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[prou] /praʊ/
the forepart of a ship or boat; bow.
the front end of an airship.
Literary. a ship.
Origin of prow1
1545-55; < Middle French proue < Upper Italian (Genoese) prua < Latin prōra < Greek prôira
Related forms
prowed, adjective


[prou] /praʊ/
adjective, Archaic.
1350-1400; Middle English < Old French prou < Vulgar Latin *prōdis. See proud Unabridged
Based on the Random House Dictionary, © Random House, Inc. 2018.
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Examples from the Web for prow
Contemporary Examples
Historical Examples
  • Into the first of them she ran the boat until its prow touched the sandy bottom.

    A Spirit in Prison Robert Hichens
  • She looked at him as he stood with his hand on the prow of the boat.

    A Spirit in Prison Robert Hichens
  • As the prow drove forward down-stream, exultation entered into him.

    Murder Point

    Coningsby Dawson
  • But there were reserves in the prow, and these were drawn upon to fill the empty places.

    The Sea-Hawk Raphael Sabatini
  • It seemed as if something had gone awry with the prow of their ship.

    Mixed Faces Roy Norton
  • It was not long before Pilgrim had the water "singing at her prow."

    Afloat on the Ohio

    Reuben Gold Thwaites
  • The anchor is cast from the prow; the sterns are grounded on the beach.

  • Shandon and Johnson, standing on the prow, were contemplating the position.

  • They made her prow sharp so that she would cut the water easily.

    An American Robinson Crusoe Samuel. B. Allison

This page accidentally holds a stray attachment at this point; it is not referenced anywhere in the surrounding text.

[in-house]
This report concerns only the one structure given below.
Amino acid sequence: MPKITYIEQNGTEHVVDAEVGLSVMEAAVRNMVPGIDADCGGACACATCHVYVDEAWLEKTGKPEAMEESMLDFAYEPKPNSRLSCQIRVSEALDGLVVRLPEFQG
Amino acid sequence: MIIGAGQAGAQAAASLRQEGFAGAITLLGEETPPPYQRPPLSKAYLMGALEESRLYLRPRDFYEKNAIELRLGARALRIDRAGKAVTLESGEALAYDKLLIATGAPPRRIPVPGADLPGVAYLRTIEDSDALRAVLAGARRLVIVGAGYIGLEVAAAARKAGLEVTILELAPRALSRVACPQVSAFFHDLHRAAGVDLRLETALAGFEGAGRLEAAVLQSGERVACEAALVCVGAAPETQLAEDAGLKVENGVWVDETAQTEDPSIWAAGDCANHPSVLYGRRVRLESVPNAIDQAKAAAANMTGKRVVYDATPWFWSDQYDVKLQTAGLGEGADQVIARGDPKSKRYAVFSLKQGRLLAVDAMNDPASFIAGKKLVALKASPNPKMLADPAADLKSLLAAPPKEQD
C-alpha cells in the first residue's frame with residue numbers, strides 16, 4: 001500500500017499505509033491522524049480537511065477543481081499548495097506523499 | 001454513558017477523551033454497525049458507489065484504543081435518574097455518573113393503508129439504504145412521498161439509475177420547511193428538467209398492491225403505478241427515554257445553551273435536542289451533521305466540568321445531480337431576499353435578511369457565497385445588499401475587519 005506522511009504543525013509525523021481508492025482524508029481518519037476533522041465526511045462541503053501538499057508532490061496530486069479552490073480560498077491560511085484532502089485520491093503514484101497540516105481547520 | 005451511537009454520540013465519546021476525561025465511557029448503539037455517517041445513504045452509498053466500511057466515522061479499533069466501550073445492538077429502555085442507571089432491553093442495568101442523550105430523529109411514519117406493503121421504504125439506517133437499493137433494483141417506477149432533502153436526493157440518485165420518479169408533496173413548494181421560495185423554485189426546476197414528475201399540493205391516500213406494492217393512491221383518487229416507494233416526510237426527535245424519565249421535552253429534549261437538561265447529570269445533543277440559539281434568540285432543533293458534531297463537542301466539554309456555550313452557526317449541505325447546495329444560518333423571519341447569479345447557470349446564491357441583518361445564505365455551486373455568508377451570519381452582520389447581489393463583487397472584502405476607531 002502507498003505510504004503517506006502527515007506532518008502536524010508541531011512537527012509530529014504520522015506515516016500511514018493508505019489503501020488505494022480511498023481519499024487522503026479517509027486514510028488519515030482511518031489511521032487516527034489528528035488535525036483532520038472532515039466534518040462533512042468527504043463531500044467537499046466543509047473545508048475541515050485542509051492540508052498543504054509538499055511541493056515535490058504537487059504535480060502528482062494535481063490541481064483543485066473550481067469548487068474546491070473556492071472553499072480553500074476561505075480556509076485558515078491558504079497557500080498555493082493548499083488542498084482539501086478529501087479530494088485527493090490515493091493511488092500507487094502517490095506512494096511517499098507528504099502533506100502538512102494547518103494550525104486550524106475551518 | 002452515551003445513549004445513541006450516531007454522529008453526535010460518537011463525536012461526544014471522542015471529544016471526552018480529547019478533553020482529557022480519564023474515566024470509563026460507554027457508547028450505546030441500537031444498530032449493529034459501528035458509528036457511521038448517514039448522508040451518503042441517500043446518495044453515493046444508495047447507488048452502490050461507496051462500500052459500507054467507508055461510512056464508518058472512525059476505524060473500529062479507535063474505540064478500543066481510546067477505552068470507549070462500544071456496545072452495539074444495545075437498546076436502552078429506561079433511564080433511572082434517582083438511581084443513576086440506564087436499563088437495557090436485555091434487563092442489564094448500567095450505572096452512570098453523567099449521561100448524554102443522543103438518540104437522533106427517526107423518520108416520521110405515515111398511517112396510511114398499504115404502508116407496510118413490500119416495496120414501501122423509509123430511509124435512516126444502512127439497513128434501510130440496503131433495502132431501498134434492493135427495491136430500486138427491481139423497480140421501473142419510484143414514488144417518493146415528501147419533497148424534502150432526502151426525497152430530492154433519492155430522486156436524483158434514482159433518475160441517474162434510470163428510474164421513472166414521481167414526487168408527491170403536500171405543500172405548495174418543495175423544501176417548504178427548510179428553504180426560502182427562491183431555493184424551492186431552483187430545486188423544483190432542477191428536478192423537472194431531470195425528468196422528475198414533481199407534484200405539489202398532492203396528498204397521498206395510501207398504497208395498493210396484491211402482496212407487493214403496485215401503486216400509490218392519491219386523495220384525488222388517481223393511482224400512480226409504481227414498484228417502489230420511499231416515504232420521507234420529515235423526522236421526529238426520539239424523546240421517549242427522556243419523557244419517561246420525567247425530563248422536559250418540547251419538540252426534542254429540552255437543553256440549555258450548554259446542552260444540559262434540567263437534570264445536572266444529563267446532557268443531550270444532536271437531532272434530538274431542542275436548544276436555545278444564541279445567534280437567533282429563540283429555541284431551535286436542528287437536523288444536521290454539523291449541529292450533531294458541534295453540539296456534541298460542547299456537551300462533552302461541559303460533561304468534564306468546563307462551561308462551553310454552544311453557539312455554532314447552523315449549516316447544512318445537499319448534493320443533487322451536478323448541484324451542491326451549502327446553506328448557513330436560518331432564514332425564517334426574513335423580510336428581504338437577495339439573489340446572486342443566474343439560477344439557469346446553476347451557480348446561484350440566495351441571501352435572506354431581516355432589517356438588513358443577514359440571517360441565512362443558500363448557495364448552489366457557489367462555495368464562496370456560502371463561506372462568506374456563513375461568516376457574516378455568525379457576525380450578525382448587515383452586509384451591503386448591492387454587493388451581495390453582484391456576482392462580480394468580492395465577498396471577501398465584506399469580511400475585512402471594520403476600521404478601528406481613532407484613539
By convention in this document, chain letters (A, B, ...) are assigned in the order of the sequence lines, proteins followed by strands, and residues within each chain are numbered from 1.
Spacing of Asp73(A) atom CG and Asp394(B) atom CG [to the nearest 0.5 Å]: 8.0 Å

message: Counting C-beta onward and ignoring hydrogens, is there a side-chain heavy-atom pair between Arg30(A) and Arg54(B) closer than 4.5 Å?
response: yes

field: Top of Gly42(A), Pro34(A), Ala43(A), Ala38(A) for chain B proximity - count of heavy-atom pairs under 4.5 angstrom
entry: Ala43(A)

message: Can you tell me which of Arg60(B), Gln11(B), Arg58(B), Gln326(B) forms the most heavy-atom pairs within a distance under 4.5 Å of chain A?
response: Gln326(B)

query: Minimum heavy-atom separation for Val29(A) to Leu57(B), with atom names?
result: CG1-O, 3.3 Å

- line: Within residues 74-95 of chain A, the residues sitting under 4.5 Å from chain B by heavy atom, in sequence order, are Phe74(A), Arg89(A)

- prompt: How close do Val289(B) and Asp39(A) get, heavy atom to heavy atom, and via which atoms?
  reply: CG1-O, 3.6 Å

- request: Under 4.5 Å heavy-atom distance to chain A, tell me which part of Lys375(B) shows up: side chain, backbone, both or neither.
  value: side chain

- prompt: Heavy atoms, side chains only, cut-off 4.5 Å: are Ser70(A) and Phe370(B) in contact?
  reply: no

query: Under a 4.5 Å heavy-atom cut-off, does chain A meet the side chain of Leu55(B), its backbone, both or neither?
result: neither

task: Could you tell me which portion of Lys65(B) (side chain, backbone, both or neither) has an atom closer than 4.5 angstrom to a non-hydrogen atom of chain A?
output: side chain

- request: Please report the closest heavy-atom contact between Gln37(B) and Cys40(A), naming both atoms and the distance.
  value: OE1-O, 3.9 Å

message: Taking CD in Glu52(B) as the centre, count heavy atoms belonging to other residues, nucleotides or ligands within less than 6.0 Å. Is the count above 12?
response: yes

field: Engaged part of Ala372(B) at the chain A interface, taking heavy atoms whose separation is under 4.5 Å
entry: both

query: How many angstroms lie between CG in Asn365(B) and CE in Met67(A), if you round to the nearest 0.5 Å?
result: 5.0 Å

British Dictionary definitions for prow


the bow of a vessel
Word Origin
C16: from Old French proue, from Latin prora, from Greek prōra; related to Latin pro in front
Collins English Dictionary - Complete & Unabridged 2012 Digital Edition
© William Collins Sons & Co. Ltd. 1979, 1986 © HarperCollins
Publishers 1998, 2000, 2003, 2005, 2006, 2007, 2009, 2012
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Word Origin and History for prow

"forepart of a ship," 1550s, from Middle French proue, from Italian (Genoese) prua, from Vulgar Latin *proda, by dissimilation from Latin prora "prow," from Greek proira, related to pro "before, forward," proi "early in the morning," from PIE *pre-, from root *per- (1) "forward, through" (see per).

Middle English and early Modern English (and Scott) had prore in same sense, from Latin. Modern Italian has proda only in sense "shore, bank." Prow and poop meant "the whole ship," hence 16c.-17c. figurative use of the expression for "the whole" (of anything).

Online Etymology Dictionary, © 2010 Douglas Harper
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